COLUMBIA, Mo. (AP) — Researchers are studying a new way to combat a disease that has killed millions of bats.
The Columbia Missourian reports it all started with Georgia State postdoctoral researcher Chris Cornelison’s food preservation research. He found a type of bacteria that could inhibit fungal growth and delay fruit ripening.
Cornelison then began testing the bacteria against the white-nose fungus, and the results kept coming back positive.
The research ultimately caught the eye of the U.S. Forest Service, which hired Cornelison and brought his research to Columbia-based wildlife biologist Sybill Amelon.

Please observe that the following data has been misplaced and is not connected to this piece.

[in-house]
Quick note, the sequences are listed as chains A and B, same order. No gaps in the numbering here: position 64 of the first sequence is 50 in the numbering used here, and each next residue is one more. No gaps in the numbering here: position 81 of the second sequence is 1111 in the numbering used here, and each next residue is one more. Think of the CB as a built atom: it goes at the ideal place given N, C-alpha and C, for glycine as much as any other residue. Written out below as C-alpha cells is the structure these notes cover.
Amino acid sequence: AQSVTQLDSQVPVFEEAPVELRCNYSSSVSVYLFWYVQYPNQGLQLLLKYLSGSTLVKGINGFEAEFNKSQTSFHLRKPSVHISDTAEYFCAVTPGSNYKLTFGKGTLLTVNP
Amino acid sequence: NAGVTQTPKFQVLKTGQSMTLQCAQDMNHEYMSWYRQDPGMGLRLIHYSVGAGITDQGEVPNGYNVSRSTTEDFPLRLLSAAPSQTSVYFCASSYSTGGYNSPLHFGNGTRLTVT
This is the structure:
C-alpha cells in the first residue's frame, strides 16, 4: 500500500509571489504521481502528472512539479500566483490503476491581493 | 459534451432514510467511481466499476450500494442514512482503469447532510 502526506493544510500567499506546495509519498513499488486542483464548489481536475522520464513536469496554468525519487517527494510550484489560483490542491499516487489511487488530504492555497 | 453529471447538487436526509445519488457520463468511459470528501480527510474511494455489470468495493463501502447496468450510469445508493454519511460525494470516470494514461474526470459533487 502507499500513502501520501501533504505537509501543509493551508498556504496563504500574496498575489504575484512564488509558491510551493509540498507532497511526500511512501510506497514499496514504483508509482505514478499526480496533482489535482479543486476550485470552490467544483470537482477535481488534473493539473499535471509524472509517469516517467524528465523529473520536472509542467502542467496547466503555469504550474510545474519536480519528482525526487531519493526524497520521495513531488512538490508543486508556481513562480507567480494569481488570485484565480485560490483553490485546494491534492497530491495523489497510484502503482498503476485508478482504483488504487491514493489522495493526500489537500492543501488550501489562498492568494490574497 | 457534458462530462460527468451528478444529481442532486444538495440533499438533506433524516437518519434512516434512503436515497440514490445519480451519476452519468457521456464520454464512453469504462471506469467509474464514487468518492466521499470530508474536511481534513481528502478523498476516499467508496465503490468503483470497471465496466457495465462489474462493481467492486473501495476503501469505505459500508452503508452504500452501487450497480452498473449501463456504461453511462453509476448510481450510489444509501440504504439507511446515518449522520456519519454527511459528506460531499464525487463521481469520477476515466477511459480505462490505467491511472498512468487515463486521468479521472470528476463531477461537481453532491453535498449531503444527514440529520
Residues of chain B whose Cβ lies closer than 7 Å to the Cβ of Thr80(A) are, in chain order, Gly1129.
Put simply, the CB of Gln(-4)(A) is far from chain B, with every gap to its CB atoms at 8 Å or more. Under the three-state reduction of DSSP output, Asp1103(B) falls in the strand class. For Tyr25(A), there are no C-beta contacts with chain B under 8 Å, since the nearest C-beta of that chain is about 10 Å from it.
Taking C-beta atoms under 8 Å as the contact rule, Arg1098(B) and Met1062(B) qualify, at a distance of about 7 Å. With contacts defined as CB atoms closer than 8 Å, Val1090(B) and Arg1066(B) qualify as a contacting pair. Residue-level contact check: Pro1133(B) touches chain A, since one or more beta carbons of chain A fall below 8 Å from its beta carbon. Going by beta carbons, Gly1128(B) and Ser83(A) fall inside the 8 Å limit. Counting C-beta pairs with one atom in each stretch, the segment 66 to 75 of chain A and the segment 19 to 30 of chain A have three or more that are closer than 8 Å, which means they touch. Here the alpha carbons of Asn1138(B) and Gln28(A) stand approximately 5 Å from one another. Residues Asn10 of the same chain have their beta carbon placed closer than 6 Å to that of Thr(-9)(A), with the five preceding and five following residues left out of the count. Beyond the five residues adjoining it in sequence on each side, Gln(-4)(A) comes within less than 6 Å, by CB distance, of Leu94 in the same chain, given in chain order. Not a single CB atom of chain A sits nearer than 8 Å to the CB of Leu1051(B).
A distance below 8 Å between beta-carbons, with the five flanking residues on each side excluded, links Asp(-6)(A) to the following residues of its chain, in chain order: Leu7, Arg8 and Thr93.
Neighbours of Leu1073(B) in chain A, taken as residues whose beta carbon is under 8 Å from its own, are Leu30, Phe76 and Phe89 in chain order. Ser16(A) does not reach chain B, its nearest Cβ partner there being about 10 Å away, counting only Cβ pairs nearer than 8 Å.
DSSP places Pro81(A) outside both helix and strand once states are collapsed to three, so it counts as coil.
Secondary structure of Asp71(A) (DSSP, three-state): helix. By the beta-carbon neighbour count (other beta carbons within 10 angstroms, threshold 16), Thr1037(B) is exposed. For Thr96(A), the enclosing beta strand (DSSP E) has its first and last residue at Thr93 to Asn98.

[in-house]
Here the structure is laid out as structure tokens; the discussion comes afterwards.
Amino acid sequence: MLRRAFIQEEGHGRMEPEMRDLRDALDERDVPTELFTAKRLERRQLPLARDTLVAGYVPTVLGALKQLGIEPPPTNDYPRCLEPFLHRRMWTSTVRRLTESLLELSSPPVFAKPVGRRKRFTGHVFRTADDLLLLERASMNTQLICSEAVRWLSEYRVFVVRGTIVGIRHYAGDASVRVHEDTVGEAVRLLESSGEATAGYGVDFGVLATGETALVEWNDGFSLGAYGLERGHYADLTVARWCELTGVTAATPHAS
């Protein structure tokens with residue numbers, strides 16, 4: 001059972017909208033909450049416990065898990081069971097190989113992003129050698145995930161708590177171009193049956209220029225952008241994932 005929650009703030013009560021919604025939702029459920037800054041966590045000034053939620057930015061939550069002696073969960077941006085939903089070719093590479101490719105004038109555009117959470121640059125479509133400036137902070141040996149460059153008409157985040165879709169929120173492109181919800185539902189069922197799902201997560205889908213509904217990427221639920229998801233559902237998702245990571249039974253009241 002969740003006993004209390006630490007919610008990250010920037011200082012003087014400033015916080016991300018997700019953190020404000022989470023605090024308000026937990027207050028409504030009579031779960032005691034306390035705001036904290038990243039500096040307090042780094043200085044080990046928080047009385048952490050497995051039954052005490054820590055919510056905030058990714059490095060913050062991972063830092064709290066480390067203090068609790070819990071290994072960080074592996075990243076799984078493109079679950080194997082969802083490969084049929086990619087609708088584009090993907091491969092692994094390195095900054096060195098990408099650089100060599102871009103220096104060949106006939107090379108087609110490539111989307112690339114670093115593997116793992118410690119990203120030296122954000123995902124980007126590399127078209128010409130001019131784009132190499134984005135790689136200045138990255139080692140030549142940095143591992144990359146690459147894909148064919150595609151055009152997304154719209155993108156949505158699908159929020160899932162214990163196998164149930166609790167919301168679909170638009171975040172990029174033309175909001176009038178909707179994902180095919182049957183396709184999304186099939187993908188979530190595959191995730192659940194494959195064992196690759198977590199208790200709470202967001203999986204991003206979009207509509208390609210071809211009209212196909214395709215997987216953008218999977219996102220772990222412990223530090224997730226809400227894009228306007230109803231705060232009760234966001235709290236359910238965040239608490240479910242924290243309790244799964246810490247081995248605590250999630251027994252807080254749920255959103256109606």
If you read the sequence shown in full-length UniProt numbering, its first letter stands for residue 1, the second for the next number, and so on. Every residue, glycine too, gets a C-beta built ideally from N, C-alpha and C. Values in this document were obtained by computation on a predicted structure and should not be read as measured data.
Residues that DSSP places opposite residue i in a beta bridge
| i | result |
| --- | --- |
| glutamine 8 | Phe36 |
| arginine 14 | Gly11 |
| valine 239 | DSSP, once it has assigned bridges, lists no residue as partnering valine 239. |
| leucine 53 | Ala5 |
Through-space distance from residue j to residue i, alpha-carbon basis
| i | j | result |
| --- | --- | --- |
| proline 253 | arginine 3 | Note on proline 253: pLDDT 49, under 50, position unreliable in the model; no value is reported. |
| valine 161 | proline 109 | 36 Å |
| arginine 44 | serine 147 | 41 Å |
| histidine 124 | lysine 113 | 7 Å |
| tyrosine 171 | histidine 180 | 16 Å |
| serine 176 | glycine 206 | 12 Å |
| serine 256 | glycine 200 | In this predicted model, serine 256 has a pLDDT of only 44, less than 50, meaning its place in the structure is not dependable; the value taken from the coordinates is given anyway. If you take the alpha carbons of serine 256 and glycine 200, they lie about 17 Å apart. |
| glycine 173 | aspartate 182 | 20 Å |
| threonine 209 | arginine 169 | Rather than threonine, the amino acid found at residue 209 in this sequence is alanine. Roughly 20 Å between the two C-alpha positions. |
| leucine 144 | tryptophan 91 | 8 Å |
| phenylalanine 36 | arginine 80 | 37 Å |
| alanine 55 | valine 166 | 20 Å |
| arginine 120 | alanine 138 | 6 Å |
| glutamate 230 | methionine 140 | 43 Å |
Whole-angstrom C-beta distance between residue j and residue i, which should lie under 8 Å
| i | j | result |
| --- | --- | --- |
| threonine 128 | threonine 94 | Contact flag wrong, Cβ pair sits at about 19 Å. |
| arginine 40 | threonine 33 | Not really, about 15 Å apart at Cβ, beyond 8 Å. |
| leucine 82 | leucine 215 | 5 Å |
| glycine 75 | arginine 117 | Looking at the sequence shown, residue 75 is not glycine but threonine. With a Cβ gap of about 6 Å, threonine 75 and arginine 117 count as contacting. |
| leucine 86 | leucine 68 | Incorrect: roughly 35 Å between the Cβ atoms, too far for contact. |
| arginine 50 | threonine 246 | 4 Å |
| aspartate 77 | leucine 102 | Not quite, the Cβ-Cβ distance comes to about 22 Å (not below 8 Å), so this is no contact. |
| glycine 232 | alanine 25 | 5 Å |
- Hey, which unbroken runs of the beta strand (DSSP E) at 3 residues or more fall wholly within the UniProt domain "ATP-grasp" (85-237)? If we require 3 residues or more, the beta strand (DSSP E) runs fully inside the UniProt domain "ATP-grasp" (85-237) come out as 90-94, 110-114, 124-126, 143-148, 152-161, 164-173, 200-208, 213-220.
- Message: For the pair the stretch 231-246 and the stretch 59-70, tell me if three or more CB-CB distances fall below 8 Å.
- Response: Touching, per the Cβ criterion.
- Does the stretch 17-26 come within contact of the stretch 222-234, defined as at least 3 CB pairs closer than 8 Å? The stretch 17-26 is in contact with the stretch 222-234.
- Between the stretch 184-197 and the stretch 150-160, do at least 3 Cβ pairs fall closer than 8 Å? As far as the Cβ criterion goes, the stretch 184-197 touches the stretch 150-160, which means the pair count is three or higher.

Amelon’s research team has done exhaustive trials. In the most promising lab tests, survival rates increased when bats were introduced to the bacteria. This winter, Amelon plans to introduce the bacteria to a cave for the first time.
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